GISSY (GISSELDA) GOOSE LIVES ON A BUS
Gissy Goose was looking for somewhere cosy to lay her eggs that would hatch into baby geese..
She searched the other side of the woods around the lake. The lake is a lovely home for lots of birds and animals in the summer months, but as it starts to get colder, the lake freezes over. It’s difficult to get around on a frozen lake. Gissy’s feet slide in opposite directions as soon as she step on the ice. Gissy had had enough of winters on the ice. She was fed up of having a bruised bottom for half the year from falling over on the cold hard lake. She decided to look for a new home.
Through the woods Gissy flip-flopped on her fat, orange feet. The leaves were starting to fall from the trees and swirling around her. The cold wind made her shiver. “I must find somewhere soon” she thought, “somewhere warm and cosy and peaceful and quiet. To lay my eggs and bring up my family”.
The first thing she saw as she stepped out of the forest was a bus. The bus was old and broken. The paintwork was peeling. She saw the curtains of spider’s webs at the windows. She peered in at the worn, comfy seats. She admired the dented tin roof that would surely protect her from most of the rain and snow.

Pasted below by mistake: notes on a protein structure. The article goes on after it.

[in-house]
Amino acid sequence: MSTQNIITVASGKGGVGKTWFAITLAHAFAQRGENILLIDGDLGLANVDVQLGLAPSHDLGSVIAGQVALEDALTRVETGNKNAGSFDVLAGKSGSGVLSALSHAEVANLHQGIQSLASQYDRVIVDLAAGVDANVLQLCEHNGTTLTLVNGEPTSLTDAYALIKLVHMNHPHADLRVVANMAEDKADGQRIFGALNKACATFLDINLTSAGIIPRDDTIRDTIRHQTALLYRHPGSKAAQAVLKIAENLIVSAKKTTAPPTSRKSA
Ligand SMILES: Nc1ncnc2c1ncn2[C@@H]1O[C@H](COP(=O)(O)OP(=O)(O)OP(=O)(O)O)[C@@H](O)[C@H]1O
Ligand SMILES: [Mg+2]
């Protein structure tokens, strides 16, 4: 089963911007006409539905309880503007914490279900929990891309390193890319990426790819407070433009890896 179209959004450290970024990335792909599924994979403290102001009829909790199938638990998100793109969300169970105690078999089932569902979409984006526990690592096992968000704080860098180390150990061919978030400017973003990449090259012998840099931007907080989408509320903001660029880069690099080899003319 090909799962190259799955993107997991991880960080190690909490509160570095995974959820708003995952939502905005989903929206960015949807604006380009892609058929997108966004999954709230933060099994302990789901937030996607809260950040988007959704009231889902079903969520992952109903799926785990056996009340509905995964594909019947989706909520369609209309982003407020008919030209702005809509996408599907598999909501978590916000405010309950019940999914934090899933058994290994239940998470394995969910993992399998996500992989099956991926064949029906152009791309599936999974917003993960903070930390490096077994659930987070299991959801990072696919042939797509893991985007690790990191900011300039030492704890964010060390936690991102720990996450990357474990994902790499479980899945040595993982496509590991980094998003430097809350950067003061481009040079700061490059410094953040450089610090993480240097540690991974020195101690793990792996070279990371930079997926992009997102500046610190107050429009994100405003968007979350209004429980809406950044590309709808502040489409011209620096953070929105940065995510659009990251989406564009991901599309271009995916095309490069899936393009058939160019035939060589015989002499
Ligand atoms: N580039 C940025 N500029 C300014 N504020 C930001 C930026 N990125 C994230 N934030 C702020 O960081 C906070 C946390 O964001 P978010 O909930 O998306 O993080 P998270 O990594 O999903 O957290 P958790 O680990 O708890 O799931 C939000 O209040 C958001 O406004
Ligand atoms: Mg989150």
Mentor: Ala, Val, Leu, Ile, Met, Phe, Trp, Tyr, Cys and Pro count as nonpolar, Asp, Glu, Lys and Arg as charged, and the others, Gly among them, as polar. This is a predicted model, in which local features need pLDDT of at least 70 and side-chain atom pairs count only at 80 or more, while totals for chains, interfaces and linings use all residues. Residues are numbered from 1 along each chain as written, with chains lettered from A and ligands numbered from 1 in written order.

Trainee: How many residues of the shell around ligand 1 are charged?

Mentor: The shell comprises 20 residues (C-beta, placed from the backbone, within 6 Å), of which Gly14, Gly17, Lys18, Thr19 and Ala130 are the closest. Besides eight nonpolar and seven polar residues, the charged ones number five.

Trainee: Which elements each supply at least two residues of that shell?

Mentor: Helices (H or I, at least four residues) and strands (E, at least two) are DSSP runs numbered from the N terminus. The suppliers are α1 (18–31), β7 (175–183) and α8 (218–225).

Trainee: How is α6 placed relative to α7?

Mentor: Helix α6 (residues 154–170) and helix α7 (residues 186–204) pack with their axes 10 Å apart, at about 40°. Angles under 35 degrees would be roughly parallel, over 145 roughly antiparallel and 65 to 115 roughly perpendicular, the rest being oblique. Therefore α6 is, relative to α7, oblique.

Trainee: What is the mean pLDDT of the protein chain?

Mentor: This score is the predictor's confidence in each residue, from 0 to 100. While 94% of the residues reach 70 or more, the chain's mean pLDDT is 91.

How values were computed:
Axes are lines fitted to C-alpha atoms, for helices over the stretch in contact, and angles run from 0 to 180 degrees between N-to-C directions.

“Perfect!” she said waddling up the steps, and made herself comfortable on the front seat.
She was just dozing off to sleep when… TAT TAP TAPPETTY TAP.
“What’s that noise?” she squawked, jerking awake.
It was coming from the roof. Gissy stuck her head out of the window and looked up. “Creepy crows!” she hissed. “Get away birds! Stop dancing on my roof.”
“But we are only teaching our children to tap dance.” Answered Daddy Crow.
“Well, you are not any more.” Homked Gissy. “Be off with you or I’ll make a crow butty of you!”
The crow family flew away frightened.
Gissy settled down again. Her eyes were barley closed when she heard:
“SQUEAK, SQUEAK SQUEAKITY SQUEAK”.
“What on earth is that?” she honked.
The noise appeared to be coming from the seats. Gissy hopped down and peered into the torn cushions.
“Miserable mice!” she hissed. “Get away Mice! Stop squeaking in my seats or I’ll be having toasted mice dipped in milk for my breakfast!”
The mice scampered away, scared.
Gissy dusted the mice droppings from the front seat and plonked herself down. “Finally!” she said. She rested her head on the window ledge, until…
“CLUCK CLUCK CLUCKITY CLUCK” came the sound from somewhere above her head.
“What now?” she fumed.